Curtains & Drapery, Window Dressings, Swags And Tails
Curtains & Drapery
Designing curtains, swags and tails and window dressings finds inspiration from the room style and its occupying area and space. Curtains, swags and tails and window dressings are a focal point of any room. They frame both the window on the inside and the view of the outside, and must be complimentary to both.
Curtains, swags and tails and window dressings must be perfectly proportioned and balanced to suit the window and room size.. The design and fabric selection must reflect the personality, tastes and lifestyle of the home and it’s owners. Curtains and blinds serve as both functional and decorative elements of a home interior. The key to great design is to combine both elements, achieving maximum style impact while maintaining required functionality.
Curtains and window dressings can range from elaborate draperies, swags and tails in opulent fabrics to a simple sheer curtain or blind covering the window. The style of window dressing used and the selection of fabric will influence the character, mood and style of a room. Carefully selected curtains, swags and tails and window dressings create ambience and can give an impression of warmth or have a cooling effect as required. There are hundreds of approaches and combinations that can be used. Proportion, design, colour, pattern and texture of fabric are crucial elements in the creation of stunning curtains, swags and tails and window dressings and Timeless Interiors can create the perfect style to accentuate and compliment your room, lifestyle and views.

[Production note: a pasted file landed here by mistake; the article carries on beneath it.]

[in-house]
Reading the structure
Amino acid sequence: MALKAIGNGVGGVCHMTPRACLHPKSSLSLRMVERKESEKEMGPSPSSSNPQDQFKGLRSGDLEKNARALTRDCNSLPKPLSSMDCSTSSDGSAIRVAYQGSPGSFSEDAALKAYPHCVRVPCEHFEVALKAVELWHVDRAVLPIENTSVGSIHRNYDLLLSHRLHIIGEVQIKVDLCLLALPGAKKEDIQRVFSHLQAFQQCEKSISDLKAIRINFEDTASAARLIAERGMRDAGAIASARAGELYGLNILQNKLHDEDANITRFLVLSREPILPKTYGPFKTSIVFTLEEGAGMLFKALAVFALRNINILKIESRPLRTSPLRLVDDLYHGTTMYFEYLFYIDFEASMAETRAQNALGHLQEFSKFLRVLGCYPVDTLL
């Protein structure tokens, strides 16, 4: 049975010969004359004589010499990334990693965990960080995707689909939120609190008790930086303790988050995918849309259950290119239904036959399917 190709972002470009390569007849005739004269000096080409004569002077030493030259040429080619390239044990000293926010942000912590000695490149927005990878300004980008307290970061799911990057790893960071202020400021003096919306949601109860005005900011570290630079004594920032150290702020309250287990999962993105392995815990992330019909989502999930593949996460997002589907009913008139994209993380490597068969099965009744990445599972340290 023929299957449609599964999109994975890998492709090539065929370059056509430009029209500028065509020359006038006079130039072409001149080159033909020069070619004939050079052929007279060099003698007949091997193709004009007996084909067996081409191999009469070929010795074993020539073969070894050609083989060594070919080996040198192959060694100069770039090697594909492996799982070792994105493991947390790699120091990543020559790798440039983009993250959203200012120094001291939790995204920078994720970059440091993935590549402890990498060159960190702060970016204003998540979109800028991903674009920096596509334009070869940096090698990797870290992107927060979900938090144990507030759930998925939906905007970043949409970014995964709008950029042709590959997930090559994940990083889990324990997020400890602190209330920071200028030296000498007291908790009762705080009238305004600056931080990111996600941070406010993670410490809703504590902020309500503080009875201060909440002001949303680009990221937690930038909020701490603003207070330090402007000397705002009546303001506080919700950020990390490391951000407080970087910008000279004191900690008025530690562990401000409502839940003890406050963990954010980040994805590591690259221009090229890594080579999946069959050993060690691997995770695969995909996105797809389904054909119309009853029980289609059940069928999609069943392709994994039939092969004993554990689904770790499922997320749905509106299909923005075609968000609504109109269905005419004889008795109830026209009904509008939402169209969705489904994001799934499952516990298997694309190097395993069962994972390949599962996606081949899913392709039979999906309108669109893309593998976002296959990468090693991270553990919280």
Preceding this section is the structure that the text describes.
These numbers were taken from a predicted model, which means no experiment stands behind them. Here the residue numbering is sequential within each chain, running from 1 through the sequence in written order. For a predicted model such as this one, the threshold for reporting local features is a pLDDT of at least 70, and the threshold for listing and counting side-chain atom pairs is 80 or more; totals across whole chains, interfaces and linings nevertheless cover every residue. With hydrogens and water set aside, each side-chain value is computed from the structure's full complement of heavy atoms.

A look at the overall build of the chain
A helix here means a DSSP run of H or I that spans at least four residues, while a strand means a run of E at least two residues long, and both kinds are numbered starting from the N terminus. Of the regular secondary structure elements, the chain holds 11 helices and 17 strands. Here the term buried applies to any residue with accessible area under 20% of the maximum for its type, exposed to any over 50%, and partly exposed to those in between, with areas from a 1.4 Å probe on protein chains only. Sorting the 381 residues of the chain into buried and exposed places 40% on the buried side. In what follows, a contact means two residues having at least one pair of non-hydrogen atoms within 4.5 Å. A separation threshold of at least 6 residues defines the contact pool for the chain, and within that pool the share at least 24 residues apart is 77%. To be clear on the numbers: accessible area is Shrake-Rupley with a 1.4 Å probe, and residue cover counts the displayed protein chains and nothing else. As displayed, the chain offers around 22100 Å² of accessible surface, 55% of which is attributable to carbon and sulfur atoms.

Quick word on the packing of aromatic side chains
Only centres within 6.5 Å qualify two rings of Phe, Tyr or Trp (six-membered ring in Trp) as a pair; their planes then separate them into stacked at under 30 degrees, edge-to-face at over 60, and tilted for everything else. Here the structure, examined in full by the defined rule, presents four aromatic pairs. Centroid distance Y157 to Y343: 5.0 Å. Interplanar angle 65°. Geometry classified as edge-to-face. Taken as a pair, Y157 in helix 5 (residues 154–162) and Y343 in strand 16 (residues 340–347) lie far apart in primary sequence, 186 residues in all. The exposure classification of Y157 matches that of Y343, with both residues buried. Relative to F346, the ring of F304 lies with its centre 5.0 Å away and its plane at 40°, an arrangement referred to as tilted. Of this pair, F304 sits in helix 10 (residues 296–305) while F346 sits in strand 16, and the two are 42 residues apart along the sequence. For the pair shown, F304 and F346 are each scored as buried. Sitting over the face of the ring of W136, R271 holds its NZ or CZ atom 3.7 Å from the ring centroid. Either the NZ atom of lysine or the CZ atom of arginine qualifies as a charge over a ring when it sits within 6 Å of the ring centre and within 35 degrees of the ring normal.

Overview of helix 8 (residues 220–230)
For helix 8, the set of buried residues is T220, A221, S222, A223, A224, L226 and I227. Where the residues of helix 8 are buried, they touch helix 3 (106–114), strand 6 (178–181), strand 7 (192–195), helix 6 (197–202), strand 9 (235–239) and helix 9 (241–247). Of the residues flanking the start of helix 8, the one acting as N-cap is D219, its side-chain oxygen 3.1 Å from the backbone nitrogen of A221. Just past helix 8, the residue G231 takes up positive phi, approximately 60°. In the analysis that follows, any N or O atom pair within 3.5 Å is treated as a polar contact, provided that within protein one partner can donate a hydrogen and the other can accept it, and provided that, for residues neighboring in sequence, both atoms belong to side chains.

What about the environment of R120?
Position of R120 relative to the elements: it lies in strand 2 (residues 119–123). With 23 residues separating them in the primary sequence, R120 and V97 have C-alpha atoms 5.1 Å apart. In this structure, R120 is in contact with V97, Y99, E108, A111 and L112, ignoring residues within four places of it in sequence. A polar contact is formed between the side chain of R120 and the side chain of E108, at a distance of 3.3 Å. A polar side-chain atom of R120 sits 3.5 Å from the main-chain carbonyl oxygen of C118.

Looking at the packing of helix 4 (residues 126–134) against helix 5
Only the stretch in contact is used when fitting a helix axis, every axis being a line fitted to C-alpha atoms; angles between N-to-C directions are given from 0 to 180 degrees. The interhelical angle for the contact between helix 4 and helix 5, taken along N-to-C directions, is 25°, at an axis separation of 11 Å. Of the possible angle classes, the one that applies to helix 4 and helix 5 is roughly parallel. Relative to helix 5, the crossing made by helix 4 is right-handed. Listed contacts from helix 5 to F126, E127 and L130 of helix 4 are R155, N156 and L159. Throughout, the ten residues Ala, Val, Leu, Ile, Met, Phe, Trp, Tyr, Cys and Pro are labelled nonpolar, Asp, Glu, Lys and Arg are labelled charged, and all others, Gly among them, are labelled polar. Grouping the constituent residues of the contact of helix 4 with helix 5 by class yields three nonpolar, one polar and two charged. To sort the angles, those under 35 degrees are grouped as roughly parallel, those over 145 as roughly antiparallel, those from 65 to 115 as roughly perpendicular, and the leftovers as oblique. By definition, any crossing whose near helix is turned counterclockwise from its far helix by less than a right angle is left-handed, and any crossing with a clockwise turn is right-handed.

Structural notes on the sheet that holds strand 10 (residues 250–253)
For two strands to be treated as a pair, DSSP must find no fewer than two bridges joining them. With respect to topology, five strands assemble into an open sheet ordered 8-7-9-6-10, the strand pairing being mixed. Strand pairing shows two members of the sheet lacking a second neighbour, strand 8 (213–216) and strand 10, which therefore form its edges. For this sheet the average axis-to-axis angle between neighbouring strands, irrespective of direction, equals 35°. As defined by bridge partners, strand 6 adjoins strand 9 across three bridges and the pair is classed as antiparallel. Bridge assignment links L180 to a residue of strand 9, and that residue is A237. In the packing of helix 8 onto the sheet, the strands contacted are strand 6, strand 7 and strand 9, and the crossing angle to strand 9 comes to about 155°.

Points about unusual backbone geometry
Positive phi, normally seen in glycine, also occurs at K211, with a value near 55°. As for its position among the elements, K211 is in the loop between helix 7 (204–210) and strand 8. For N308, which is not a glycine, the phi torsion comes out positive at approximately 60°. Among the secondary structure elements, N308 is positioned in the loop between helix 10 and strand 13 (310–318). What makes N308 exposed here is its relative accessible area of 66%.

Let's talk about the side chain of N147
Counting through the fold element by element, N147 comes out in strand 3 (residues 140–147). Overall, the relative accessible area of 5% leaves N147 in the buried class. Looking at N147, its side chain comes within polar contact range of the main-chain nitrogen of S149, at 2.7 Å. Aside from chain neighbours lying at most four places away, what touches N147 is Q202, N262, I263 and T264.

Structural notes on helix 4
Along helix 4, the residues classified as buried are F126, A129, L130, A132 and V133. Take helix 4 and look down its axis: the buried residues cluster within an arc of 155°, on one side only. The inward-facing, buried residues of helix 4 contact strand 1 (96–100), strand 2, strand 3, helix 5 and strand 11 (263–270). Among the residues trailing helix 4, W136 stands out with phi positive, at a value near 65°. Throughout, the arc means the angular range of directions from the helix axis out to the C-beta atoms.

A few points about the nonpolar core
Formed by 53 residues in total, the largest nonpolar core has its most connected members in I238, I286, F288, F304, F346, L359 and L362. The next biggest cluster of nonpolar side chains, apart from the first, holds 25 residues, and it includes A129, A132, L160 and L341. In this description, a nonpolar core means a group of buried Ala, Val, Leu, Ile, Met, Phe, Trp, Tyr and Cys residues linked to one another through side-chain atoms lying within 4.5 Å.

Curtains are the most popular window dressing option. Fabric is gathered and hung in panels. The curtains can be a softening element for a room or a design feature utilizing bold fabric choices. The heading of the curtain determines the finished effect. This can vary between simple rings on an exposed rod to a formal looking pleated version, to a full, softly gathered pretty look.
Length of curtain can vary depending on desired effect and practicality. You can choose between sill length, below sill length, floor length or the opulent and luxurious style that pools elegantly onto the floor.
Curtain linings improve the shape of the curtains, block light and provide insulation.Decorative tie backs are an option.
Swags and Tails
A “swag” is a length of fabric draped decoratively across the top of a window. Often the “swag” is accompanied by “tails”or “jabots”.These are the separate side pieces that drape down either side.Traditional swag and tails or swag and jabots have a pleasing symmetry and neatness. Fabric selection is critical with heavier fabrics hanging better than soft fabrics.
Wider windows generally require multiple overlapping swags. Tails or jabots must be long enough to balance the appearance of the swags. Sometimes a contrasting lining may add an interesting effect.
A “scarfe” is a simplified version of swags and tails, being made from a single piece of fabric draped over a curtain rod. Scarves are an unstructured version and more suited to light or sheer fabrics that drape well.
Swags and tails can be combined with sheer underlays or blinds if required and are often embellished with fringing or tasseled cords for a decorative effect.
Swags French Empire